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A new kind of civil disobedience?
March 2, 2010 6:24 AM   Subscribe

Boston College sociology professor Lisa Dodson does research on poverty, public policy, and low-income work and family life. Recently her research took a different turn, as she discovered through interviews with U.S. managers in charge of low-income workers that some of them feel "(a) sense of unfairness (...) as a supervisor, making enough to live comfortably while overseeing workers who couldn’t feed their families on the money they earned. That inequality, he told her, tainted his job, making him feel complicit in an unfair system that paid hard workers too little to cover basic needs." Professor Dobson talks about this phenomenon, and how it plays out in that some managers undermine the system, in interviews in the Boston Globe and on public radio.

She has a book out called The Moral Underground: How Ordinary Americans Subvert an Unfair Economy.
posted by Harald74 (35 comments total) 13 users marked this as a favorite

 
Maybe the systematic destruction of anything resembling social programs or workers rights in favor of large business interests for the last oh, 40ish years or so has something to do with that.
posted by The Whelk at 6:33 AM on March 2, 2010 [7 favorites]


It's certainly a difficult question. I imagine that the managers would be afraid of losing their own jobs by doing things like giving workers extra money or food from the company they work for. I know that I would not feel comfortable as a manager going that route. I want to fight for my employees by advocating for them with those who set those rules. Obviously, if I have the authority to make changes like more money, etc., then that is a different situation.

Also, I would point out that this is why we still need unions, despite the contentious history of organized labor in the US.
posted by dellsolace at 6:36 AM on March 2, 2010 [7 favorites]


Referring to the show’s host, a listener from Leesburg, Va., wrote, “I was surprised that throughout the entire interview, neither Tess Vigeland nor Ms. Dodson touched on what would seem to me a rather crucial point - that these ‘Ordinary Americans’ are stealing from the companies who employ them.

“The examples Ms. Dodson gave . . . are acts of theft from the companies, yet they are described as if somehow moral and virtuous. It’s one thing for me to see someone in need and open my wallet; its quite another to address that need by giving something I’ve stolen from my neighbor.’’


What? This person is morally outraged by something that, yes, legally can be seen as petty theft, but is occurring as a response to the unfortunately legal and morally outrageous mistreatment of fellow human beings? What bubble is listener from Leesburg, Va living in? How petty can people be?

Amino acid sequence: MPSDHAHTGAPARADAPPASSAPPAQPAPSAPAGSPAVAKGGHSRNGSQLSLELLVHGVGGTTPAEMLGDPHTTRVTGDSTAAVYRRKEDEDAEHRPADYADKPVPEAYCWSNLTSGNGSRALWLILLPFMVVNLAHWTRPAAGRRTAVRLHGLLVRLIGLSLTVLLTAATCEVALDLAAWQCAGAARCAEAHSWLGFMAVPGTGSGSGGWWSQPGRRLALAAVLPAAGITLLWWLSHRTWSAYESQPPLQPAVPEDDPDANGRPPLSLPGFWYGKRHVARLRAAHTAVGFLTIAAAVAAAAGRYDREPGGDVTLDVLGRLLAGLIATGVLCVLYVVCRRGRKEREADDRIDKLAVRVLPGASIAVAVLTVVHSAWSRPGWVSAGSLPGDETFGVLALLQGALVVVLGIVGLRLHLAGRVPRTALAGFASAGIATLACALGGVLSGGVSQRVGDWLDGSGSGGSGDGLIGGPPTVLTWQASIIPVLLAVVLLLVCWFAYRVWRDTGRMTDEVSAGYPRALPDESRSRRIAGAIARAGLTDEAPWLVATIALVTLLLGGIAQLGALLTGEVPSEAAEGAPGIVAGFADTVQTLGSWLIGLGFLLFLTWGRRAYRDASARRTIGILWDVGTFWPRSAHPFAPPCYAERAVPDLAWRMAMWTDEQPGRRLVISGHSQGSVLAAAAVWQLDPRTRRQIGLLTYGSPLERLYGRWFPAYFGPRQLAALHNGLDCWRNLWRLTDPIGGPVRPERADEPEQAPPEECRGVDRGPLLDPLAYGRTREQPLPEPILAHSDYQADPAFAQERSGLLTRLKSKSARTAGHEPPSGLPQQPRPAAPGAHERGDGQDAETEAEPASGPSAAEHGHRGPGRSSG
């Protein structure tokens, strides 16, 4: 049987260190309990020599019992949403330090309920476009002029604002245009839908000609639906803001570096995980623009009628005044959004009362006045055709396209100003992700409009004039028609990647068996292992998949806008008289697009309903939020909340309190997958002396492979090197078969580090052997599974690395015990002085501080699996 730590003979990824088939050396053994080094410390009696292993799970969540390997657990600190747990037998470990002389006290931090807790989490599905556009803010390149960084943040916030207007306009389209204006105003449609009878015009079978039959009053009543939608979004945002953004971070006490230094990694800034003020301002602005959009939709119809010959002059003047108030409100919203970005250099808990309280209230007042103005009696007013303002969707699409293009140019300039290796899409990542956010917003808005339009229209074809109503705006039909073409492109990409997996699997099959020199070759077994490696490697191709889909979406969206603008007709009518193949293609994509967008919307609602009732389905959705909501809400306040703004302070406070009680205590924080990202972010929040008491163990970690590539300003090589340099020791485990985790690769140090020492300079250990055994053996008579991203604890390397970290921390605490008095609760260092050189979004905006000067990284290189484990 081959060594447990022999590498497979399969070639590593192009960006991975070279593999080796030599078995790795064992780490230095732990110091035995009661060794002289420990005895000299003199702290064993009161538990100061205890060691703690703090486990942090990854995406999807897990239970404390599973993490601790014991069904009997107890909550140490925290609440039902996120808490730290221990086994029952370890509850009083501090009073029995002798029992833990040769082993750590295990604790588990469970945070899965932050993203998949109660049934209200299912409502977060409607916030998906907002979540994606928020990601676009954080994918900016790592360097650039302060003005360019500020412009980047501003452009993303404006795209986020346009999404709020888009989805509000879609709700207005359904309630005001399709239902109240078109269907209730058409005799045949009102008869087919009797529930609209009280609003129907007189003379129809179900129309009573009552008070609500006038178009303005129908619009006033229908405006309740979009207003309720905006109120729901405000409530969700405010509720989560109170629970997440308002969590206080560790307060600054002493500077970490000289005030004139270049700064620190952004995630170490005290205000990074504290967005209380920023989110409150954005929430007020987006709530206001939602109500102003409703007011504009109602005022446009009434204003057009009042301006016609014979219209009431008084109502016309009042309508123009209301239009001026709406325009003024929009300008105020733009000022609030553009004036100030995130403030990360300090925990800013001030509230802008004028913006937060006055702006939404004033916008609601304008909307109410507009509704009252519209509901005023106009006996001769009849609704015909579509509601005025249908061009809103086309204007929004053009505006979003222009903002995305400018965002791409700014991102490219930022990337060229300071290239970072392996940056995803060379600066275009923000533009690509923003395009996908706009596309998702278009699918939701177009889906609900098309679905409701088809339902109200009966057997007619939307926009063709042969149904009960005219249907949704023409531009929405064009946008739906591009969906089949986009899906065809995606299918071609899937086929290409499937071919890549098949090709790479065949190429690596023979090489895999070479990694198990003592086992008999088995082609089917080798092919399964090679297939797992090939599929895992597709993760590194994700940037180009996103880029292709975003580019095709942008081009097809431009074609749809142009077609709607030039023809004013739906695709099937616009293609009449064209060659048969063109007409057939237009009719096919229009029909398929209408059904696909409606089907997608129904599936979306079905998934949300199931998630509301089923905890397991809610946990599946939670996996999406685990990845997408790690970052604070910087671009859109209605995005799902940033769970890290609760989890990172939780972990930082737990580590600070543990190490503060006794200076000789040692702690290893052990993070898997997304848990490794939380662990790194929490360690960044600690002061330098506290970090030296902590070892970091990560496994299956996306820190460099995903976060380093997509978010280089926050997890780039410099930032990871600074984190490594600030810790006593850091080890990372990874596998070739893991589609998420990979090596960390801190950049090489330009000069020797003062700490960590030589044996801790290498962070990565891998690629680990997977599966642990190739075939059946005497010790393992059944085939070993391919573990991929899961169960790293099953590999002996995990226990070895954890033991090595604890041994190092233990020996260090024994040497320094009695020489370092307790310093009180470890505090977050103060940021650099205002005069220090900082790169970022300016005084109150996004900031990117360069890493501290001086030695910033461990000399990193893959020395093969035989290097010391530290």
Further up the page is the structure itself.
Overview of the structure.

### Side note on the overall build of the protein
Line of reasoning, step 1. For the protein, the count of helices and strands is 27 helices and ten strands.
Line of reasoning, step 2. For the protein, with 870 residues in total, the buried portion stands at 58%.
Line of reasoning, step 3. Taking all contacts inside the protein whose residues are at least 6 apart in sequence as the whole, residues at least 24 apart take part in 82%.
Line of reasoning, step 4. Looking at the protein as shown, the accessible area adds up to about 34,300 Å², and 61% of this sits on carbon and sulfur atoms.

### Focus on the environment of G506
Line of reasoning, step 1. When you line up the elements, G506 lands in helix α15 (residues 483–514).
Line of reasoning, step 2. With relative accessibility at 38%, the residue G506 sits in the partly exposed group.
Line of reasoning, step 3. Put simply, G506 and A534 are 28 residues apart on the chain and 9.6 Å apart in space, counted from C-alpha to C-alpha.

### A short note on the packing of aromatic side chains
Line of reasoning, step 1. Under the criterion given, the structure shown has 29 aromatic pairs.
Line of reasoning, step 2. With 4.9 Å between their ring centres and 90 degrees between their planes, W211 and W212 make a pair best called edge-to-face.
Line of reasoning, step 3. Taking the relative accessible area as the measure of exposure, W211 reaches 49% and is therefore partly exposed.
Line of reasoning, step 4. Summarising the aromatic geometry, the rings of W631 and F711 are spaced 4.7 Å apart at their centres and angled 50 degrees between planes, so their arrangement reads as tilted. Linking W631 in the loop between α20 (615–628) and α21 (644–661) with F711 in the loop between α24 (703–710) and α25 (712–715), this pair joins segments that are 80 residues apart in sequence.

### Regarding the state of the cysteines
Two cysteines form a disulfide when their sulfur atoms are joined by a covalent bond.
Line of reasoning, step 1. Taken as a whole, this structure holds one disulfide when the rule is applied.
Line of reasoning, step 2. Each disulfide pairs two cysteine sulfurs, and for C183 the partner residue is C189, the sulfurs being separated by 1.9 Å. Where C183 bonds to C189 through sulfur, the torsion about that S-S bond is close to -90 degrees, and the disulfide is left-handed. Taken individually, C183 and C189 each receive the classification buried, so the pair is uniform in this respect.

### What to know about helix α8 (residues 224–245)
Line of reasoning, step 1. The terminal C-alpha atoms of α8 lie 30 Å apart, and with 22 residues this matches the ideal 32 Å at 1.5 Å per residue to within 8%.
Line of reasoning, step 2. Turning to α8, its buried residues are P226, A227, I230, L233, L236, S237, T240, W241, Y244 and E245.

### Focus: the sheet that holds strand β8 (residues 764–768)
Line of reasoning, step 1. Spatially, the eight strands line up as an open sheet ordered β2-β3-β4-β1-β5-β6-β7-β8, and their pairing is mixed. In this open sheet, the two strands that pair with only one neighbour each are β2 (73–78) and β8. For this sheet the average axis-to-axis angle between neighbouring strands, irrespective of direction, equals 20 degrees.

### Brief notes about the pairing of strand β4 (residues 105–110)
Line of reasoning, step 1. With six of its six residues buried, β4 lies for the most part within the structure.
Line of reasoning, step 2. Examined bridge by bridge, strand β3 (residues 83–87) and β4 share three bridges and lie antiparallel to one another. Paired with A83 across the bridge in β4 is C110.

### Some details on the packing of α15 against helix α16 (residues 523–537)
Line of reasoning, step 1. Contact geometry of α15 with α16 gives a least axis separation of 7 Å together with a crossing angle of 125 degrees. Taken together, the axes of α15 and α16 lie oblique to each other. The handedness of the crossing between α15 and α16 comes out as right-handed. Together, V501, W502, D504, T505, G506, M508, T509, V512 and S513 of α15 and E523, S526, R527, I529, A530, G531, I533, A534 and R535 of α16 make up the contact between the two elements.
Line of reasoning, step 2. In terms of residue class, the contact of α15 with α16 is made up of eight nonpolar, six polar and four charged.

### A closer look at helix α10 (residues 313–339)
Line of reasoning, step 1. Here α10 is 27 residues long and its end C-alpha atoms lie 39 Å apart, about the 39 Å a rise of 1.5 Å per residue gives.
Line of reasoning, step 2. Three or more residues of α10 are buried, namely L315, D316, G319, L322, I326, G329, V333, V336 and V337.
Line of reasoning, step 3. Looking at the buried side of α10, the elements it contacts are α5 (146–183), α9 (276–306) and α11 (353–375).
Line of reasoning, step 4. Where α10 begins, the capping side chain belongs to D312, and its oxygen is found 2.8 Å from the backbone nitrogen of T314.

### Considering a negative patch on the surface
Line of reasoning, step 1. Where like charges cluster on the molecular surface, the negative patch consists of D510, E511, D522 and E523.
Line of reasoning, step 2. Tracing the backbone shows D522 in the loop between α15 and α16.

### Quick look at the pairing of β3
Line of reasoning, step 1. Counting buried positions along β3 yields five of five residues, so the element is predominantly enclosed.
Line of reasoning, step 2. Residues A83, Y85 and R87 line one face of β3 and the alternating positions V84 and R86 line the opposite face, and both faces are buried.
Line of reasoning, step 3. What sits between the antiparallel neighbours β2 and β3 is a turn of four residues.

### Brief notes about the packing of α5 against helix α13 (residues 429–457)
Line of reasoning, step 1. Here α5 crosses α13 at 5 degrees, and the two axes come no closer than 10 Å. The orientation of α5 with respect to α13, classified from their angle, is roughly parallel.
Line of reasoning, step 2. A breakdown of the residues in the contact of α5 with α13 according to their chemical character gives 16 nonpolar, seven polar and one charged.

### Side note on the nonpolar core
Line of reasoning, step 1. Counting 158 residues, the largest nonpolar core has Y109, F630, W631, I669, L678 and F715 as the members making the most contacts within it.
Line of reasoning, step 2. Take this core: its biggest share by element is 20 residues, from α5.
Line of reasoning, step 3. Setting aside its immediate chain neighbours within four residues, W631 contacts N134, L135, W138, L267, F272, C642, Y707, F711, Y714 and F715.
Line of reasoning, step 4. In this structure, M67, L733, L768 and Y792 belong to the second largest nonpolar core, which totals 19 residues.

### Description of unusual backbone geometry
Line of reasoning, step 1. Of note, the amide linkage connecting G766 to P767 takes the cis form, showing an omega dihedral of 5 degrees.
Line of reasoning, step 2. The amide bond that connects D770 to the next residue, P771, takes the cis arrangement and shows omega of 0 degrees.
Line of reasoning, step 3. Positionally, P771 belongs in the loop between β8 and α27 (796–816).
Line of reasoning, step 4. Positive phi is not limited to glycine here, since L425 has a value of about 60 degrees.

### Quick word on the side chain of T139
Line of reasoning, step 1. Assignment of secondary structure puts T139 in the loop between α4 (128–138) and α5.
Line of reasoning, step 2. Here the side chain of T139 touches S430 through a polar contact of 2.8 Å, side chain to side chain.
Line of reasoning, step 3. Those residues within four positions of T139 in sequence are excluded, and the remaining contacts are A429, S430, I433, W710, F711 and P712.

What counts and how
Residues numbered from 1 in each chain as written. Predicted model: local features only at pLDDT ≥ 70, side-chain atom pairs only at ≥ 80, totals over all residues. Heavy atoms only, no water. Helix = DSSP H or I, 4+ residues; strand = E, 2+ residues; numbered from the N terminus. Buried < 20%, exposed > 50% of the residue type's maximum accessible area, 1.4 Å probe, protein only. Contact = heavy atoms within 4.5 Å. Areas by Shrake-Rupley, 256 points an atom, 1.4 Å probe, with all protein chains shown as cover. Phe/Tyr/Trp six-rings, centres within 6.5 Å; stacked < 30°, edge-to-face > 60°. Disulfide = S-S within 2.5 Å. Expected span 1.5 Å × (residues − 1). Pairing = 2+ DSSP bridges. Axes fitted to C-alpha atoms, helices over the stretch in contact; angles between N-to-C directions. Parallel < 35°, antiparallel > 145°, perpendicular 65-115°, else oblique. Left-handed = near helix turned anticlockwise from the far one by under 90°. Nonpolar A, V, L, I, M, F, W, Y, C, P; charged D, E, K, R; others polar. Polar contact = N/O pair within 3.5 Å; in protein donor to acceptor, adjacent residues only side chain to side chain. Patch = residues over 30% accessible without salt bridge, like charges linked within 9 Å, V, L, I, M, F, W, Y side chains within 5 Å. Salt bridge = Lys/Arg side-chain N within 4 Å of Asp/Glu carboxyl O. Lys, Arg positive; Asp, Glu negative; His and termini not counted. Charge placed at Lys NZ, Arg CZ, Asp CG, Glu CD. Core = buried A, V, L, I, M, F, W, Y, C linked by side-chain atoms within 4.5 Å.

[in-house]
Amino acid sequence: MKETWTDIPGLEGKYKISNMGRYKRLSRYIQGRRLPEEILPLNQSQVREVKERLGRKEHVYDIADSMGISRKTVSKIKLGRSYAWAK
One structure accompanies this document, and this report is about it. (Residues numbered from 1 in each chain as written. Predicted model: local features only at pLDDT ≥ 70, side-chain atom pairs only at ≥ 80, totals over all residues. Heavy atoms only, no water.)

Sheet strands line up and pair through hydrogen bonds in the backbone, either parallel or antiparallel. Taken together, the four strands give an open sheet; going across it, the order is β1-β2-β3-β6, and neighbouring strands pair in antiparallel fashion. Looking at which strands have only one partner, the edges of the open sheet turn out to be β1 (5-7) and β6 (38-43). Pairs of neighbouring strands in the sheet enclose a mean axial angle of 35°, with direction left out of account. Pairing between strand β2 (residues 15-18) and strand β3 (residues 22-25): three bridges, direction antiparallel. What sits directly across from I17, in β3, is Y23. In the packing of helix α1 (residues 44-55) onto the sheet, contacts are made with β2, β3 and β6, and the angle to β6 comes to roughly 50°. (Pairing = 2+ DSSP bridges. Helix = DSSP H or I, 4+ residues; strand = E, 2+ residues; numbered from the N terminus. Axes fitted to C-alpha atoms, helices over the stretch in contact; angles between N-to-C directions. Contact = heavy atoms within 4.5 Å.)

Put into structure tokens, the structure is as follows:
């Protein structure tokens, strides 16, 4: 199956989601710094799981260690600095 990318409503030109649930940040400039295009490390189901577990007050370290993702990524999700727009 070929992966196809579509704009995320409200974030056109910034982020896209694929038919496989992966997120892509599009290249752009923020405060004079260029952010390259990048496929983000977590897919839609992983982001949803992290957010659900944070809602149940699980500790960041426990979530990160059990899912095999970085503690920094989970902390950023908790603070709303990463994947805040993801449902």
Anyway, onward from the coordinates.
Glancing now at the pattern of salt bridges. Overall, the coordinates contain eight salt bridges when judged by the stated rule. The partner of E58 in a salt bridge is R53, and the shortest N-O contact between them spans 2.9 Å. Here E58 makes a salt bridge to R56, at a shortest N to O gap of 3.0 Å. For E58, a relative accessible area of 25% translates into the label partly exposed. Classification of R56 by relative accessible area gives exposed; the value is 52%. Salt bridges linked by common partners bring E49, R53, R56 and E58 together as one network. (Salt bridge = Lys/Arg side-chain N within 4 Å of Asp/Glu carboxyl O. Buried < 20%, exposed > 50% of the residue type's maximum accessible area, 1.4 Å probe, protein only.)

These little allowances that guilty managers provide for exploited workers does not right the wrong that is being committed, but man, at least it shows that they are on some level human.
posted by molecicco at 6:51 AM on March 2, 2010 [1 favorite]


I have to wonder at those who might be surprised by this.

I think in most cases, certainly in most of those I've been exposed to in retail and service environments, companies seem to get that a lot of "shrinkage" comes from the employees, and the employers seem to build that into their calculations for worker comp. And yes, that is sad. It may be easier for them to write off losses than pay a better minimum wage.

I find that this situation creates a mess of unwelcome social and moral overhead for each person in the system. A manager might look the other way when food gets eaten, or a book loses its cover, etc. The worker might doing these things can't do them out in the open. The manager and the worker have to recalibrate their morals in these situations.

Most of this hangs on some conventional wisdom that the employer would rather have you act in this manner than pay more. This devolves into a sense that if it is build into overhead, why wouldn't a person take part in this, isn't this then not immoral or dishonest?

And "voila!" scads of working poor living the Leo Strauss dream of discovering coded moral truths buried in plain sight, that other morality is for uninitiated suckers.

Dear System, just pay workers more, and enforce the rules, as a social imperative.
posted by drowsy at 6:52 AM on March 2, 2010 [8 favorites]


I sounds like an excellent study of the way that fundamentally unfair systems exact tolls on the well-being of people at all levels in the system. In the US, we have a model of being an economic winner or loser, but I think a lot of the "winners," unless they are willing and able to block their feelings of empathy, suffer from the situation. Not as much as the lower-wage losers, maybe, but it is still an unhealthy system for almost everyone who isn't already sick in one way or another.